That's what I've been doing for quite a while now, having quit the org for a couple of years and not done "latihan" for most of that time, finding out, as you have, that there's a whole world outside the cult [but I've only been in the cult for c.45 years, on and off, not 31 years officially, and under its influence, outfluence, effluents and lack of affluence [for the most part] since birth).
From Michael Rogge, January 7, 2010. Time 13:45
Andrew Hall reports in his 7 January 2009 as follows:
"Found an American who made a special effort a few years ago to find out how Subud measured up as a cult. Told me he read several books by cult deprogrammers or exit counsellors to help him compare the Subud culture with their experience. Told me he felt Subud was a "weak" cult but definitely fit the bill in some areas - such as name changing. I was surprised that he took the time and energy to find all this out for himself. Tried to recruit him to write about it for the Subudvision website. He seemed interested."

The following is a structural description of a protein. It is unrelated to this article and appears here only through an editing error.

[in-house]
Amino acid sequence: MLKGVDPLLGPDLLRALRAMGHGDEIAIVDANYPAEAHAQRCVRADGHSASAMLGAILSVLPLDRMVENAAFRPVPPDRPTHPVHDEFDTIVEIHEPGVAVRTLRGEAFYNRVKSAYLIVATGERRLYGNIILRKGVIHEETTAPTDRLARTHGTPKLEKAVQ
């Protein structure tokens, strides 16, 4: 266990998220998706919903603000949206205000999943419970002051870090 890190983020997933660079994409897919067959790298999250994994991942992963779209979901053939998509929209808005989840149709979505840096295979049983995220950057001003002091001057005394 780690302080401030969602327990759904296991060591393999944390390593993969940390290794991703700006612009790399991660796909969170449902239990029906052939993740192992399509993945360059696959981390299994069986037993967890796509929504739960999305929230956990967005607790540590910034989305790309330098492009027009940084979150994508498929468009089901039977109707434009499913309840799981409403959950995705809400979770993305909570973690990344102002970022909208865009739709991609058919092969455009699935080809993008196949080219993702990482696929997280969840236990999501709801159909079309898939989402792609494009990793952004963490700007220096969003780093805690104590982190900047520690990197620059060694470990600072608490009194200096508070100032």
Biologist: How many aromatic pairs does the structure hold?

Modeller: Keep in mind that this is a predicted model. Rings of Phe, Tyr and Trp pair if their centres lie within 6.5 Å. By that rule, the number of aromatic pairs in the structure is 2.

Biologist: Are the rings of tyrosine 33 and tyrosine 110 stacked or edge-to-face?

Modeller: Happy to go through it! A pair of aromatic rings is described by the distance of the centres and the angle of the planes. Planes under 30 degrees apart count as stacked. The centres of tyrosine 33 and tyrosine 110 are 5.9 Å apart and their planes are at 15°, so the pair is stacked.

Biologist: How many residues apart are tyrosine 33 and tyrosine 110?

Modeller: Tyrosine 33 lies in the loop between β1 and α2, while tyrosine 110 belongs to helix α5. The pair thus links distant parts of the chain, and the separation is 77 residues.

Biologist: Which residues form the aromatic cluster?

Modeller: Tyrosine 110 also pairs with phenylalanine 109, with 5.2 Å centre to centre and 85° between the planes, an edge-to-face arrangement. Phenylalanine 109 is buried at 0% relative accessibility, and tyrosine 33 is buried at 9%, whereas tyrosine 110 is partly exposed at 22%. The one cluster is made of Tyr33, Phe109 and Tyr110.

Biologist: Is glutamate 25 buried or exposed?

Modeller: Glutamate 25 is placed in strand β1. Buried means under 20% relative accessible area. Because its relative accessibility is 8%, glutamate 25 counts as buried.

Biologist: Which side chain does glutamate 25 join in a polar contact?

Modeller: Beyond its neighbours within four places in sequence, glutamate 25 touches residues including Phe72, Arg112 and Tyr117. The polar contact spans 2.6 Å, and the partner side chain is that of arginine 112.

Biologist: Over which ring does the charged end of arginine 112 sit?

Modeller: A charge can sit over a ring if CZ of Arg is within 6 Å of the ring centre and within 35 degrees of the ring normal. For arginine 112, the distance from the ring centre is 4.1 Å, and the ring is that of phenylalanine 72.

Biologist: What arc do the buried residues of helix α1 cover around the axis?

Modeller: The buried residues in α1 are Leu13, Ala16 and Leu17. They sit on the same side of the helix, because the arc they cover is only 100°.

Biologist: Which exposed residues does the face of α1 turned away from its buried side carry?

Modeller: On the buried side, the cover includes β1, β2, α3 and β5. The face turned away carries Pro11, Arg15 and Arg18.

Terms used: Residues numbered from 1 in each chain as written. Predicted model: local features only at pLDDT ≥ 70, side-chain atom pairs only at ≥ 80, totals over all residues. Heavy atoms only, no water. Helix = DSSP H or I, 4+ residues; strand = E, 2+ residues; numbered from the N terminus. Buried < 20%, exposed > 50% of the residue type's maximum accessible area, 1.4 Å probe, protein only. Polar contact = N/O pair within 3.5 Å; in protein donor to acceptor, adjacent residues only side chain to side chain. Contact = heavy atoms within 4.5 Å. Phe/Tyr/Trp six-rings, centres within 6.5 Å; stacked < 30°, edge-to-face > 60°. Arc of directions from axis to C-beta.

I attempted to define sect characteristics on my webpage: 'On the psychology of spiritual movements':